Improving Our Lives on Earth Through Space
This month's Second View is by Space Foundation Vice President - Operations Art Ratkewicz.
Sometimes progress is measured laterally, not just vertically.
This "spread" of technological development occurred to me after remembering a talk with one of my grandmothers. She was awestruck by the advances she had witnessed, from the first automobiles taking to the roads, to airplanes soaring overhead, to Neil Armstrong and Buzz Aldrin walking on the moon.
I grew up with the space program and watched in awe as we aimed satellites and humans at the stars. My grandmother always reminded me it was people who made advancements happen in her day, and so it is today, and will be tomorrow.
But not every advancement is an obvious "next step." Thanks to people with the imagination to envision wider uses for existing technology, progress can wend its way through our lives in less obvious ways.
One of our objectives at the Space Foundation is space awareness, making people aware of what our investment in space brings to us on Earth. I may not have seen the technological span my grandmother witnessed during her lifetime, but I believe we are just starting to explore the potential of space and the benefits space technology can bring us on Earth.
Over the course of my professional career I have been a builder, policymaker and power-user of space assets and products. As a manufacturing manager for a large defense contractor, I led a team that built an Infrared (IR) scanner for a classified program. It turned out to be for a weather satellite that became critical to the development of the IR technologies used today.
I had the opportunity to impact policy on several classified space programs and provided user input that improved the end product. As a power user of space-based imagery, communications, navigation and emergency-warning systems, I was able to protect the troops serving with me, and provide decision makers with key information they required.
The common denominator in all these projects was the people who helped make them possible.
Early in my Air Force career, U.S. government systems provided most of the imagery, navigation aids and communications capabilities I needed. Over the past ten years, however, there's been a dramatic shift to the use of commercial and civil assets for imagery, navigation and, to an even greater extent, communications.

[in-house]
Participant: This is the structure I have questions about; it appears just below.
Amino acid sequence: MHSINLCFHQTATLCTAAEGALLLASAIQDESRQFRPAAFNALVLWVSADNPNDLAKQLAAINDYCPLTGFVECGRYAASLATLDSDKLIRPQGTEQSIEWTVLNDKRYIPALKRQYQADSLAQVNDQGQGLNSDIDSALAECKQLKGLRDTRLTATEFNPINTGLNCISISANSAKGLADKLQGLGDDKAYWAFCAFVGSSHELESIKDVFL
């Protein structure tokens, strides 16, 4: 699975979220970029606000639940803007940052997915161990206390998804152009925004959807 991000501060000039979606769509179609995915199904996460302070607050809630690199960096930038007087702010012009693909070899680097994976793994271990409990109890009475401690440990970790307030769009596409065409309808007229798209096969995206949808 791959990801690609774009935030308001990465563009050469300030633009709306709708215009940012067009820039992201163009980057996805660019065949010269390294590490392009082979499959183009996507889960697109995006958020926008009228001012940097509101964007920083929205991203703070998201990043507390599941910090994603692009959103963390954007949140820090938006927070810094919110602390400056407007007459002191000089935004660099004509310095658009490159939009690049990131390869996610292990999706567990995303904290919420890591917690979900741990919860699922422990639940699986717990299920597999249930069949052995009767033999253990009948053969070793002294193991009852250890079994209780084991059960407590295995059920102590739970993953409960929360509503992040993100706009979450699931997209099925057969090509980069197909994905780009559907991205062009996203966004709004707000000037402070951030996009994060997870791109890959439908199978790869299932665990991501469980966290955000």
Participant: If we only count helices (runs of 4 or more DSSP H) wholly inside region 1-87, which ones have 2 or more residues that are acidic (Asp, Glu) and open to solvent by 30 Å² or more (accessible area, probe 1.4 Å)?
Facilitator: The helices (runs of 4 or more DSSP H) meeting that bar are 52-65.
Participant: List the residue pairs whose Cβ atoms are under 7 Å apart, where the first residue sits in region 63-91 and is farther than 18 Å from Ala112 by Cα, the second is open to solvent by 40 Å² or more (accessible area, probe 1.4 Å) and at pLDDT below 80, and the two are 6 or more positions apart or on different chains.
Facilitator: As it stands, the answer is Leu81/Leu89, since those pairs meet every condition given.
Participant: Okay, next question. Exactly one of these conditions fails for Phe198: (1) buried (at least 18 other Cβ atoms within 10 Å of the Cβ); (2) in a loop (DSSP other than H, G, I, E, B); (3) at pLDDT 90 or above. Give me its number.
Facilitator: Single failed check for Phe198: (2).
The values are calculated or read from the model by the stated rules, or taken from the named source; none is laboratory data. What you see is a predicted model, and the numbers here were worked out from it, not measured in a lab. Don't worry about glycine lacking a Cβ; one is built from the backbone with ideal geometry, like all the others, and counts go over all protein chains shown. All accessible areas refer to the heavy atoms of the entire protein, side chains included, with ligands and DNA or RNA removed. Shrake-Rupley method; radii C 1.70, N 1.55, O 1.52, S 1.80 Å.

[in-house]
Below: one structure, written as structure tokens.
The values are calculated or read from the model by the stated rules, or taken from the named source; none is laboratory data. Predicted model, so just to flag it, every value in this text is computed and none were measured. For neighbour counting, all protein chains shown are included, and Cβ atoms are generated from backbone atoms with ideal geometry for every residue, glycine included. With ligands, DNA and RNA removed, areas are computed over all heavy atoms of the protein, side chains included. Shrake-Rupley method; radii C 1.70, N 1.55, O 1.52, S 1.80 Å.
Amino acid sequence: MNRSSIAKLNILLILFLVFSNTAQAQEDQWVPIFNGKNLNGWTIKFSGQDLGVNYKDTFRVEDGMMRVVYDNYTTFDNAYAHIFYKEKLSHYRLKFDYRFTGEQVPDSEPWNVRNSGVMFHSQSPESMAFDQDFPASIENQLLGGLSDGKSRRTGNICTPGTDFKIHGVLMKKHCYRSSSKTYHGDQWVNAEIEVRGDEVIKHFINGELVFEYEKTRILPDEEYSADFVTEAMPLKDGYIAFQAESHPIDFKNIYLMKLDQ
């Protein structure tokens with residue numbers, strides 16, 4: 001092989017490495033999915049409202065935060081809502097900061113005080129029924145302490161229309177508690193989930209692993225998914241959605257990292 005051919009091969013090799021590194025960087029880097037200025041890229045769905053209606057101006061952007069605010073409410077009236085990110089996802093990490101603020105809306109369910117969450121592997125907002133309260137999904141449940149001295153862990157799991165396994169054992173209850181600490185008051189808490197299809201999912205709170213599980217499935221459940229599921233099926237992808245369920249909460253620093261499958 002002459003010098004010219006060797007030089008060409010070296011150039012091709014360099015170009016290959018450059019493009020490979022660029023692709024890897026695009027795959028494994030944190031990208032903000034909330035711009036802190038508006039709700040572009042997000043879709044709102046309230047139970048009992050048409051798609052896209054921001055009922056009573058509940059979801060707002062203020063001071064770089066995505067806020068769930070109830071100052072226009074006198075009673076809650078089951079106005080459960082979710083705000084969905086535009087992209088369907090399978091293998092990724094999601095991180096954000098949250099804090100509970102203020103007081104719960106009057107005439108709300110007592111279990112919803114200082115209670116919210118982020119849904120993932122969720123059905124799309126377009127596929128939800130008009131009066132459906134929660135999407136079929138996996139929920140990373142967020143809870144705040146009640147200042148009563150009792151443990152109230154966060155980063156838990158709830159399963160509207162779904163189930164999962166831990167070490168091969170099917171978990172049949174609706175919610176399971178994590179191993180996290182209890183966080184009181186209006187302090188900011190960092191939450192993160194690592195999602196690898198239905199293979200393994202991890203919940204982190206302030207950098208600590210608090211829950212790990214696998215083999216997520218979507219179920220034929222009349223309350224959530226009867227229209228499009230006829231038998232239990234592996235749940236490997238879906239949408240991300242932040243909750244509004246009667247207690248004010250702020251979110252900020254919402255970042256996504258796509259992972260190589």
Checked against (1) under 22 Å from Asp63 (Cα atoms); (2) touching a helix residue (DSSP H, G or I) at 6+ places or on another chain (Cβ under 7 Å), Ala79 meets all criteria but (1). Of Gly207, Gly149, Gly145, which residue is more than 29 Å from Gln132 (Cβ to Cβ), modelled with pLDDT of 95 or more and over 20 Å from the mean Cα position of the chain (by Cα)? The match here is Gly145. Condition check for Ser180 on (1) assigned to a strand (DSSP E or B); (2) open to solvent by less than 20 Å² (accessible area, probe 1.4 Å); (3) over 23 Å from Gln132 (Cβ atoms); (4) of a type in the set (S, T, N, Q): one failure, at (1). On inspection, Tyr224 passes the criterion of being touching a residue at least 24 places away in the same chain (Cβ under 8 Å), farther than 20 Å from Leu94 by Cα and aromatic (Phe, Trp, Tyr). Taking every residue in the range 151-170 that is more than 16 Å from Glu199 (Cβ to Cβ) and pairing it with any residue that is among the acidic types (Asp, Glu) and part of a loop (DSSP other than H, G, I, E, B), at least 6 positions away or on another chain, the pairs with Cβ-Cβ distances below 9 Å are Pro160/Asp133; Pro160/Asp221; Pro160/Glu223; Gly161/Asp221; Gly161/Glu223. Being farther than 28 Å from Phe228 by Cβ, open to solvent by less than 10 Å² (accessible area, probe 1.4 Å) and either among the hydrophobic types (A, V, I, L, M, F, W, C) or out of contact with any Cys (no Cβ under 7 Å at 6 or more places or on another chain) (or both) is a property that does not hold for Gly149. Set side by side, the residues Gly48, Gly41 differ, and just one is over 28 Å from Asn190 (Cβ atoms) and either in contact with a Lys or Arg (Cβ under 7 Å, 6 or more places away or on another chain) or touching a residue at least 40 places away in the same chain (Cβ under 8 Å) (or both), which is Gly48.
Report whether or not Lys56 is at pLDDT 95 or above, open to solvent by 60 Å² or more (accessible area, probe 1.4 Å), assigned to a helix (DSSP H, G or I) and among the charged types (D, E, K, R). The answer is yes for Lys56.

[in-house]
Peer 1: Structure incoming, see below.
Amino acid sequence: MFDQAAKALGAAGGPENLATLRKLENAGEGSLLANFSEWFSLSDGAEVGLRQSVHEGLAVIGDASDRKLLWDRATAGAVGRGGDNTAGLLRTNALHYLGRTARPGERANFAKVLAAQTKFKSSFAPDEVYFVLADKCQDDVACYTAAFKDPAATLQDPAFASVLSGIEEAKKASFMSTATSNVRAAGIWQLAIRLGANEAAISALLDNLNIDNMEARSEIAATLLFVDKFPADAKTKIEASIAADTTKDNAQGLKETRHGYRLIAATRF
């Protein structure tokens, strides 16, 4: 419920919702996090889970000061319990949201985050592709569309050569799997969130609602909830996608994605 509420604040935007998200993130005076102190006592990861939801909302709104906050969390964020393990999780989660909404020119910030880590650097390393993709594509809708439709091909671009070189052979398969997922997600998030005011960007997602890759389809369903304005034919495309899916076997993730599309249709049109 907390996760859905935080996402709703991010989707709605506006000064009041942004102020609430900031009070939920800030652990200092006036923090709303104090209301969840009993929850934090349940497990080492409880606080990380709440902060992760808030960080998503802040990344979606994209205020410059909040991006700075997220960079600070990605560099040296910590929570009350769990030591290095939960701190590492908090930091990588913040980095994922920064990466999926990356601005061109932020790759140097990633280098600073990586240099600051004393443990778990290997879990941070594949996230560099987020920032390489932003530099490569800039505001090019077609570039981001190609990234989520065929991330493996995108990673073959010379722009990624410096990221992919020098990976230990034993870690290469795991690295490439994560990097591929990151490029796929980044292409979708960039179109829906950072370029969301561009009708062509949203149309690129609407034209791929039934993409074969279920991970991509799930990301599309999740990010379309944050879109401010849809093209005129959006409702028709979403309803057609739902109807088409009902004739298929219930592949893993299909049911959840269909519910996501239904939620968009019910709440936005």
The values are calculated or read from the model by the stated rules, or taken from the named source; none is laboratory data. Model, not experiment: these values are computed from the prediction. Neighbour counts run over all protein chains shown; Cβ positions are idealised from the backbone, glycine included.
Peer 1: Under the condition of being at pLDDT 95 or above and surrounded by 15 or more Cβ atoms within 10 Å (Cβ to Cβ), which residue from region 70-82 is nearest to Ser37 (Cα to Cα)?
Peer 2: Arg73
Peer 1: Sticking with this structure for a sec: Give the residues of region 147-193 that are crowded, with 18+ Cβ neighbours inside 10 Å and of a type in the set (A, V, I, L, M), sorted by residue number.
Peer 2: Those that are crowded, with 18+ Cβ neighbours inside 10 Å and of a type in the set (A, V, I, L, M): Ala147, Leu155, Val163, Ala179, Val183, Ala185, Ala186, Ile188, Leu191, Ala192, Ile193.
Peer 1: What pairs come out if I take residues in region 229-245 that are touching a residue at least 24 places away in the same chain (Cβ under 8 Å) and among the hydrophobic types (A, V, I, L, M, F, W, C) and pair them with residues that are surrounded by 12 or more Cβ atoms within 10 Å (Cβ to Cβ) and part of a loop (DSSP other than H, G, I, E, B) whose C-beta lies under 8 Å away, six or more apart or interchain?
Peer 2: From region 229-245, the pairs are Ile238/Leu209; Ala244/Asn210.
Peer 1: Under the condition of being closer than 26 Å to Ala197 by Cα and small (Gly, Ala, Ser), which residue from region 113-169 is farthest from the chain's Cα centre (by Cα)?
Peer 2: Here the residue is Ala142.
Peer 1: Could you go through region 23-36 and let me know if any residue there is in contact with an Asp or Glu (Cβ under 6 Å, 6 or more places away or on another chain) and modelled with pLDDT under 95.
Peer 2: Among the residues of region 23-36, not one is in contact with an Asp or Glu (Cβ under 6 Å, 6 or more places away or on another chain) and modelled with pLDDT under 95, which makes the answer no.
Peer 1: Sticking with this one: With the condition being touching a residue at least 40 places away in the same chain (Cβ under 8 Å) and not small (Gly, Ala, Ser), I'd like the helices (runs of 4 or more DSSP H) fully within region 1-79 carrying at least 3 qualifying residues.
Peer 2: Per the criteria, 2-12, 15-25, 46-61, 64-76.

This spread of space-based capabilities from nearly 100 percent government-owned to a mix of commercial, civil and military resources has benefited humankind. Beyond improved communications worldwide, we've expanded commercial navigation via the Global Positioning System (GPS) and boosted crop yields with improved multispectral imagery that aids planting and harvesting.
And its people - entrepreneurs, engineers, designers, machine operators, marketers, satellite operators, dreamers - who have taken the lead in many areas that in the past were reserved for government-run programs.
These people are using satellites funded by governments and private companies, stretching what we thought these platforms could do, and developing a stream of new ways to utilize space-based assets. The best example is how integrated GPS is in our daily lives, helping make people aware of space and what it brings to them.
Here in Colorado Springs, the Space Foundation Discovery Center will soon finish its first ten-week Summer of Discovery. We've shared with our many visitors exhibits tracing the linear advance of space exploration, from early rocket engines, to a Gemini-era mission-control station, to replicas of contemporary satellites
But we've also stressed the spread of space-based technology, with examples of drones, for example, and even demonstrations of the space program's ability to help us understand climate and ecology.
Our focus is always on how space impacts our lives and how we've benefited from investments in space. But there's another message, one my grandmother would surely recognize: technology is about people, and showing people how important space technology is to their lives is as important as launching the next satellite.
As vice president - operations, Art Ratkewicz oversees facilities administration for all Space Foundation locations, including its world headquarters. He also oversees customer service, information technology systems and support and all logistical aspects of Space Foundation events, including the annual Space Symposium. Ratkewicz joined the Space Foundation in 2010 as manager - cyber initiatives, and was promoted to senior director – operations in 2011. His previous experience includes project management with Booz Allen Hamilton and a number of senior-level intelligence and information operations positions with the United States Air Force, the U.S. Strategic Command, U.S. Forces Korea and Air Force Space Command. He also held a number of human resources, site management and manufacturing positions with Atmel Corporation and Texas Instruments. Ratkewicz earned a Bachelor of Arts degree in history from the United States Air Force Academy and a Masters in Business Administration from the University of Dallas.